Mentoring is the key to great leadership

A mentoring partnership
Lis Merrick By Lis Merrick, UK President of the EMCC

18 September 2015

We asked Lis Merrick, UK President of the European Mentoring and Coaching Council (EMCC), to comment on the relationship between mentoring and leadership. Here's what she had to say. 

This issue is intriguing to me. I've designed over 90 different mentoring programmes across global business sectors and industries. I find myself asking: "Are there any mentoring skills which do not enhance the skills of a leader?"

Core mentoring skills

To me, a truly great mentor has a number of core skills and attributes. Of course, there are some really obvious ones, like great active listening skills and the ability to ask challenging questions. 

A good mentor also needs to be comfortable being challenged themselves and must be able to give and receive valuable feedback. I would also expect an effective mentor to demonstrate:

  • Emotional intelligence
  • Self-awareness 
  • Empathy
  • Motivation
  • Mindfulness
  • Social competence

These are also the attributes of a robust role model, something which mentors working in career and talent programmes absolutely need to be. 

Are there any mentoring skills which do not enhance the skills of a leader? 

Subtle skills

Alongside these core mentoring skills, some more subtle, but equally important skills exist. These help to make someone a superb mentor, but to me, they also make for a truly great leader as well. 

Some of the less explicit attributes of a mentor include:

  • A real love of learning 
  • A passion for developing others 
  • Becoming a more effective coach with their own team 
  • Developing a more strategic 'big picture' perspective as a result of increased reflection and self-awareness

A well-developed mentor is also someone who can select from a toolbox of techniques not just to use in mentoring, but also on a day-to-day basis as a leader and with their own teams. Things like mentoring process models, ideas from positive psychology and other creative techniques are all so valuable for mentors to adopt as part and parcel of their day jobs.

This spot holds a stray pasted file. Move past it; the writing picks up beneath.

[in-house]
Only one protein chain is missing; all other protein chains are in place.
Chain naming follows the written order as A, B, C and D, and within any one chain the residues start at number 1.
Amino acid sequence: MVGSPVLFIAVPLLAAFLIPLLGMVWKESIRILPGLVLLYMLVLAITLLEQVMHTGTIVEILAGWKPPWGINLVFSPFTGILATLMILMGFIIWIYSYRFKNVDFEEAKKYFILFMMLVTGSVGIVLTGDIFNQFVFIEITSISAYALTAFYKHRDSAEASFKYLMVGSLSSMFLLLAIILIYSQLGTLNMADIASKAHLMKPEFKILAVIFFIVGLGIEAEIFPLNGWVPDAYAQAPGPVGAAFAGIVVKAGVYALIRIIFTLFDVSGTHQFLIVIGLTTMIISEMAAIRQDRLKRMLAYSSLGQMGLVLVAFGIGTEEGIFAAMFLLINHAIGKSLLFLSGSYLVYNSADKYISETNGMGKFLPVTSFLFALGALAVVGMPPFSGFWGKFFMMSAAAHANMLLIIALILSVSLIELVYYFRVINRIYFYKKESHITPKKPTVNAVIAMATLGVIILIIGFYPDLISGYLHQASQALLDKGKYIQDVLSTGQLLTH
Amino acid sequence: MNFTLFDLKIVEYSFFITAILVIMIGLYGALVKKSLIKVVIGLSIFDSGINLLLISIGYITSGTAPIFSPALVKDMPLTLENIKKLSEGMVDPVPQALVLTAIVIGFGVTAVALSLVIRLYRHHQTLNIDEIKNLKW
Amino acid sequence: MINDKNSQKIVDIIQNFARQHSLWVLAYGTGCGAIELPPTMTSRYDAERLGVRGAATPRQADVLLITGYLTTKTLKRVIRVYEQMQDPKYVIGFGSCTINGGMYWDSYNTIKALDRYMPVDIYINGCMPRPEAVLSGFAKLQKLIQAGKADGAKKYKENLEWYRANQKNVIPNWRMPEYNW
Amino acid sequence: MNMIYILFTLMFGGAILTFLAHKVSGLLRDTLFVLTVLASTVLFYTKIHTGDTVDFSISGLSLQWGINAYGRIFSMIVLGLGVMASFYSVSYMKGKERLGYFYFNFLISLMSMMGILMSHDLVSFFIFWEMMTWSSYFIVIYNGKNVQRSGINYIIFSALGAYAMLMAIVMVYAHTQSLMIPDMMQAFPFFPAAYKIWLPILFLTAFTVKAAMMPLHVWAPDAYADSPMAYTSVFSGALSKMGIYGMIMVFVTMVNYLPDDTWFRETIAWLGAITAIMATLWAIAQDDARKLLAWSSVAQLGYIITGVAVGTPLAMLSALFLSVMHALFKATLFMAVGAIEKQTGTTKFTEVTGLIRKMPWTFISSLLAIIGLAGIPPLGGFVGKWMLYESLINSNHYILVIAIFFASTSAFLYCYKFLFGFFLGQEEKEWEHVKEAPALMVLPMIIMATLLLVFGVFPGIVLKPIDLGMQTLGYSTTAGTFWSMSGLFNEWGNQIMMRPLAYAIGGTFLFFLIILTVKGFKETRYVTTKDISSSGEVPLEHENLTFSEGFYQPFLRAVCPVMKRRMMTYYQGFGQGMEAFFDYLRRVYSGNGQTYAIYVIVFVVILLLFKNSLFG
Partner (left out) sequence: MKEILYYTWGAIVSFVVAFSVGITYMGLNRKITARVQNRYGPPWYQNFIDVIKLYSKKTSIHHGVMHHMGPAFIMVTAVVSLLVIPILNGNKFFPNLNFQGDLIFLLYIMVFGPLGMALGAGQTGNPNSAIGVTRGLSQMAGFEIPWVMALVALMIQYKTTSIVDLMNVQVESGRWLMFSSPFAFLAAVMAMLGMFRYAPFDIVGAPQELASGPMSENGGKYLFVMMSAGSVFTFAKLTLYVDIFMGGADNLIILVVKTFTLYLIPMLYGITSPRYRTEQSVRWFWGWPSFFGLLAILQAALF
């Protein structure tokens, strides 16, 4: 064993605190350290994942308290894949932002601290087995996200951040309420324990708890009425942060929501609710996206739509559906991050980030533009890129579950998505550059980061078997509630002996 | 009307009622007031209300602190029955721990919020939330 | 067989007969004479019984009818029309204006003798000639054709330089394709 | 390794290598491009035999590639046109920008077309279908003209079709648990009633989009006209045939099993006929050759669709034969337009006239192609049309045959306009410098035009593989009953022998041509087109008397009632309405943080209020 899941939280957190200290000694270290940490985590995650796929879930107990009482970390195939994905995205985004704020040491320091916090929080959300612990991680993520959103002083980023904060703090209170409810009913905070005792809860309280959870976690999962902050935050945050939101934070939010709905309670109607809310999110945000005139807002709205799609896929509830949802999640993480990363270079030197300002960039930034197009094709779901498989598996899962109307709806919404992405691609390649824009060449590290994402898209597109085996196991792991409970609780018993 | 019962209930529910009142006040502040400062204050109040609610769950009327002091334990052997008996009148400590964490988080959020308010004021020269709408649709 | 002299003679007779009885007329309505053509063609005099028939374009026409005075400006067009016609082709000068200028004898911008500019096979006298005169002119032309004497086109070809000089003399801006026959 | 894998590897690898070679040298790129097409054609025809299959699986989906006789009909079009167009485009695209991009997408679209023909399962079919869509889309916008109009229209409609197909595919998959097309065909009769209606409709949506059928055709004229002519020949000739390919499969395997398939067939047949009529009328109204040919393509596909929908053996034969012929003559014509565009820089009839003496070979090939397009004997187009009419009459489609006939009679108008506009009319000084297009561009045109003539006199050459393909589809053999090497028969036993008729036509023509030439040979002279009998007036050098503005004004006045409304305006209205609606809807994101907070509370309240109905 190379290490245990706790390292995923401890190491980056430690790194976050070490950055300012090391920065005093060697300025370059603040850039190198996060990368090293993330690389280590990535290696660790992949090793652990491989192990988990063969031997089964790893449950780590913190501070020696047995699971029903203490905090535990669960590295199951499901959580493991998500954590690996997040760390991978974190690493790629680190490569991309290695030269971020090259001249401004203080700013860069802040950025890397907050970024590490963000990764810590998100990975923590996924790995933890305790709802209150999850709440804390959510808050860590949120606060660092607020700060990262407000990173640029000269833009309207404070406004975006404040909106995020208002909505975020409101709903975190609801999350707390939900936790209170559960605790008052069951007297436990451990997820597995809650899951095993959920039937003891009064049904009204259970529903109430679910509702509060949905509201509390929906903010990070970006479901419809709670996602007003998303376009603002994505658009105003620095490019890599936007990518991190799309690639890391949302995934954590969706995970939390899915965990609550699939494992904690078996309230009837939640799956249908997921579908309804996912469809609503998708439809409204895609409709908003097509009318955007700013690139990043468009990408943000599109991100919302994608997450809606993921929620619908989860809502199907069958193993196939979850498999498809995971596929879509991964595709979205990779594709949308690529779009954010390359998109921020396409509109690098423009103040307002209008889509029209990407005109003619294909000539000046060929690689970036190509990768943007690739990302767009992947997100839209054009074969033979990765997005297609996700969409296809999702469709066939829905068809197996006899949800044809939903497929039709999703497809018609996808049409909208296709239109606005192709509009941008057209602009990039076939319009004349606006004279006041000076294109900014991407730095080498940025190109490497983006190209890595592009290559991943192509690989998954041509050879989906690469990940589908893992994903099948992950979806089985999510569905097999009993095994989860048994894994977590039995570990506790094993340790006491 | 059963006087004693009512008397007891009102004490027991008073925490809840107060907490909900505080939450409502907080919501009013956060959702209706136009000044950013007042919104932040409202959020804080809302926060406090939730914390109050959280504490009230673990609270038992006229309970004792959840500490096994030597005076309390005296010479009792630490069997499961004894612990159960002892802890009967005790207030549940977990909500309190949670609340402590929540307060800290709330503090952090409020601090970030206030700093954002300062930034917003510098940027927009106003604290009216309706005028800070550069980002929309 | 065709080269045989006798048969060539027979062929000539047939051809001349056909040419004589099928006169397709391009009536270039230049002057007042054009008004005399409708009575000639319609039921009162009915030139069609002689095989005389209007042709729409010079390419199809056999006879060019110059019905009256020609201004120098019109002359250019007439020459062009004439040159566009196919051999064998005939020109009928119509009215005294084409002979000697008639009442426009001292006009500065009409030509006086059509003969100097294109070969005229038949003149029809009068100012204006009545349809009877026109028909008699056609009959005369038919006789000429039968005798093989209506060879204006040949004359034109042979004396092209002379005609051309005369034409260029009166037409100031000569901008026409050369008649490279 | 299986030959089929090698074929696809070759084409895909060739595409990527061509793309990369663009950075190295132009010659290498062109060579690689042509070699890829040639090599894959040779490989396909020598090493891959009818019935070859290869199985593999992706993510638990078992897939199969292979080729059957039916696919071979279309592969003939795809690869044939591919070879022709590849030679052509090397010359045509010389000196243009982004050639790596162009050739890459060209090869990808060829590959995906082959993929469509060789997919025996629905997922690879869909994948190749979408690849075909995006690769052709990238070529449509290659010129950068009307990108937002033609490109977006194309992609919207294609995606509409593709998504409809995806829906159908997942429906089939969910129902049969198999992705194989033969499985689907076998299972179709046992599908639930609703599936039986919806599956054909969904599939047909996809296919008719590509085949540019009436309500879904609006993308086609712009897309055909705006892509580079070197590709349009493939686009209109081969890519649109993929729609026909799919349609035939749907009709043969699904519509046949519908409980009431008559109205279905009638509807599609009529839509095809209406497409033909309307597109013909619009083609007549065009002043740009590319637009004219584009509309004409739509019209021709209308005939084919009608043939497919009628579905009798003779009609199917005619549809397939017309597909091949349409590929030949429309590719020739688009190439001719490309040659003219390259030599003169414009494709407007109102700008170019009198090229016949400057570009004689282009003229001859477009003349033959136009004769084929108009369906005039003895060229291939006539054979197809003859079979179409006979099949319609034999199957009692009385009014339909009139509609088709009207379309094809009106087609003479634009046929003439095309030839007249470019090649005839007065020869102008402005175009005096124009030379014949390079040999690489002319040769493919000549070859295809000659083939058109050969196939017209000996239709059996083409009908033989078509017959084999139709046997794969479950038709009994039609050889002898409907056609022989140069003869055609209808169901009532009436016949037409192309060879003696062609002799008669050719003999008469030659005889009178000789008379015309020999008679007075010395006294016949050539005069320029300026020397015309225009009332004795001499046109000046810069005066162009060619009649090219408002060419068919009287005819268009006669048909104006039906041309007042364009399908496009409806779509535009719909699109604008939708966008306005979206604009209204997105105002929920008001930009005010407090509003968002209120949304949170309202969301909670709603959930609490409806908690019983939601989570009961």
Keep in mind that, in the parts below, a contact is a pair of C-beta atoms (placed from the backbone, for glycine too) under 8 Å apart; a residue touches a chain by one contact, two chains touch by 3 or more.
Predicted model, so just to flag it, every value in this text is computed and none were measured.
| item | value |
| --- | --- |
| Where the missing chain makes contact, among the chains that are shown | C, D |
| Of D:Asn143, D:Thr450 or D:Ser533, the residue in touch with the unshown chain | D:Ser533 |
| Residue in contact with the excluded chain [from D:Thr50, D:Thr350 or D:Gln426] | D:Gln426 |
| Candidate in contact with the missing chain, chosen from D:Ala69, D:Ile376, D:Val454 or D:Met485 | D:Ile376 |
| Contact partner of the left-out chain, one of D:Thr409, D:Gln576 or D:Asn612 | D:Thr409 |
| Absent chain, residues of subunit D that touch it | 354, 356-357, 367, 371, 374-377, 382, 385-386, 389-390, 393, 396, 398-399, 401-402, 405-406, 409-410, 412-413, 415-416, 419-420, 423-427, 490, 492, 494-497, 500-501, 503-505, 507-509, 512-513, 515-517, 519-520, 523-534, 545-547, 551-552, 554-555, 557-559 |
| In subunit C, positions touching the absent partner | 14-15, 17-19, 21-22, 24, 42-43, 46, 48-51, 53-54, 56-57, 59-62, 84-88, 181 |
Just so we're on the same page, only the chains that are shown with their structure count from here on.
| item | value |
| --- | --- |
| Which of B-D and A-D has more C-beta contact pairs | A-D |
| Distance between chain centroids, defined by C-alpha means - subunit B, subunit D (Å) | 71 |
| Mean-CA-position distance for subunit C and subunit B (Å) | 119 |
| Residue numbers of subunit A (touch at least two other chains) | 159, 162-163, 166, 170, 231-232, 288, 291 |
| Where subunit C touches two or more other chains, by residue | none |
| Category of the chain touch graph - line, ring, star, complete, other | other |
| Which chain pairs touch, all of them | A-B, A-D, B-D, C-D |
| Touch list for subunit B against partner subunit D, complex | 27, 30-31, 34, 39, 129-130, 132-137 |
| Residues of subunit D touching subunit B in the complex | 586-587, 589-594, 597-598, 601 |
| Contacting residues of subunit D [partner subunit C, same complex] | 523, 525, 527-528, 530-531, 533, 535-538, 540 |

What's more, a leader with these skills at their disposal can really boost and support the problem solving and decision making abilities of their own team and peers.

Mentoring improves leadership

Early in my mentoring consultancy career I was involved in developing a programme for women at the Institution of Civil Engineers (ICE). One of the biggest outcomes from this programme, and something that has always stayed with me was just how much the mentors themselves took from the experience. 

They realised that being a mentor made them better leaders. 

This is a real testimony to the power of mentoring, but it also made me aware early in my mentoring career how undersold the real benefits of mentoring can be.

About the author

Lis Merrick is UK President of the European Mentoring and Coaching Council (EMCC). She can be contacted at:

Become a mentor

Develop your leadership skills and help grow the next generation of CAs by signing up for the ICAS Career Mentoring Programme.

Read the full version of this article in the October 2015 edition of The CA magazine.


  • Career mentoring

Previous Page